short+sassySP29sparklepants41geebee908
  • Jen4948Jen4948 Houston member
    10000 Comments 500 Love Its Fourth Anniversary 5 Answers
    I'm very sorry for your loss.

    As PPs suggest, take the time you need to grieve and work your way through your sadness until you feel ready to move on and do such things as plan your wedding. If counseling could help you, I would pursue it.

    Hopefully in time things will seem less overwhelming and painful.

    All the best!
  • I am so sorry for your loss but congratz on your recent engagement.

    PPs have given so much great advice.

    I think I agree with taking time to grieve and when you are ready, start with the framework that @JaxInBlue laid out. Jax covered the only stuff that's important to worry much about at the beginning.

    The exact schedule, "traditions" if any you decide to incorporate, photo locations, flowers, the place settings, invitation & programs, favors, song play lists, aka more minute details, can definitely wait. You do not have to worry about them ANY time soon. And if you trust in a wedding planner you can potentially get by without worrying about any of it ever.


    The other option of course, is to lean on your fiance. If he is really excited about planning the details of the wedding and you trust his judgement / think you'd be on a similar page, you could give him the go ahead. Say something like, "I am so excited you asked me to marry you and I am looking so forward to spending our lives together. But right now I need to grieve so I am not ready to plan a wedding. However if you have lots of idea or preferences, feel free to start the research now and compile ideas. I will join you when I'm ready. Is that ok?"
    If you know you'll have strong preferences it may be better to wait. But if you don't have set ideas and he does, he could work the heavy lifting if he's up for it.

    short+sassy
  • I am so, so sorry for your loss! Take your time, grieve, and don't worry about wedding planning until you feel up to it. Lean on your FI. A wedding planner or counselor once you do start planning is a great suggestion.

    I don't have any personal experience with losing a parent, but a friend rushed her wedding after her father received an awful diagnosis and she has kind of linked those two memories in her mind now. You'll never forget about your mother, but waiting a little while to plan may help.
  • SP29SP29 member
    2500 Comments Fifth Anniversary 500 Love Its 5 Answers
    I am very sorry for your loss.

    Great advice above. Take the time you need to grieve- there is no rush to have a wedding.

    Once you are ready, remember that all you need is you, your FI, a license, an officiant and a witness or two. Beyond that, prioritize what is important to you and your FI and go from there.


  • I could really use some sound advice...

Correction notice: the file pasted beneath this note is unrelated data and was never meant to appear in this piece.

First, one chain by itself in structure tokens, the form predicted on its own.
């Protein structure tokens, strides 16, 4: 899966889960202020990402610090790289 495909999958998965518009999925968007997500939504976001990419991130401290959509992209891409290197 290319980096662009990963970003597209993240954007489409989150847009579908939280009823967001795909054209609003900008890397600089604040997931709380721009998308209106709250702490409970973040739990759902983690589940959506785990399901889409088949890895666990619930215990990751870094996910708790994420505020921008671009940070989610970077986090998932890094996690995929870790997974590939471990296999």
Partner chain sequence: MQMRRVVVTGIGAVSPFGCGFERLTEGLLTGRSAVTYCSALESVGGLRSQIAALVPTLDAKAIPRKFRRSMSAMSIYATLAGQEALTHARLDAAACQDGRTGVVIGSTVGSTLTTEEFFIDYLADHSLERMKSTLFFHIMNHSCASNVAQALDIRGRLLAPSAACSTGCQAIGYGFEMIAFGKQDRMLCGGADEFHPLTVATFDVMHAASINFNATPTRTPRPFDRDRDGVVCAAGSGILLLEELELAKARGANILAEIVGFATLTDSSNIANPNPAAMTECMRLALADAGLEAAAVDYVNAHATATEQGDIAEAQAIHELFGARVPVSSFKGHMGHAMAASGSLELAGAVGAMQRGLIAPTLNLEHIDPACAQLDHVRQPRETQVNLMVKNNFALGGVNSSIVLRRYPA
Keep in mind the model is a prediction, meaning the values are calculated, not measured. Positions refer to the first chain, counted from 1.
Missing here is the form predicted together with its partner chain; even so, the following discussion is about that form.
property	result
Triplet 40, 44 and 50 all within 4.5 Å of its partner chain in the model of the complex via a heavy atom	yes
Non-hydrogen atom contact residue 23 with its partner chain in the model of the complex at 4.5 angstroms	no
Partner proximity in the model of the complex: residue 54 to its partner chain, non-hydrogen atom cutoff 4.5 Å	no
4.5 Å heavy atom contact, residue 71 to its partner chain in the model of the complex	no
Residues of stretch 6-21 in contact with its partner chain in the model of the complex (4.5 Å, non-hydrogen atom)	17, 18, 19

My mom died in February after a very long illness. Two weeks ago the bf and I got engaged. I don't even know where to start with planning a wedding and I feel totally overwhelmed. I would have gone straight to my Mom for advice; she was my biggest support. I am an only child and my Dad is 12 hours away. He wants to help but has pretty much isolated himself at home to grieve. My closest friends live far away (by my Dad) and taking time off to go there to prepare for a wedding isn't an option right now. I do not want a traditional wedding. Now that my Mom is gone, the idea of all those "traditions" feels unimportant and silly. 

    Does anyone have any personal experience with planning a non-traditional wedding that does not involve the MOB?


    I am sorry for your recent loss.

    A traditional wedding is when two adults obtain a license,  meet with an officiant, and are legally united in marriage.  Legal witnesses are usually required.  That is all.

    I am confused by what you mean by a "non-traditional wedding".

    I planned my own wedding by myself.  My father had died ten years earlier, and my mother and my only sister were both in the middle of a divorce.  It was fine.  I got to choose what I wanted within an extremely small budget without interference from close family.  My FMIL made a lot of demands, but I dealt with it.

    Did I miss my Dad on my wedding day?  Of course I did.  It didn't spoil how special it was to be married to my husband.  Dad would have been happy for me.  I'm sure your Mom would be happy for you, too.

    Please don't plan obvious memorials for your Mom at your wedding.  This is not the place to grieve.  I suggest you take a special token, maybe something special from your mother, and carry it privately with you on that day.Best wishes for a special wedding day.


    httpiimgurcomTCCjW0wjpg
    short+sassy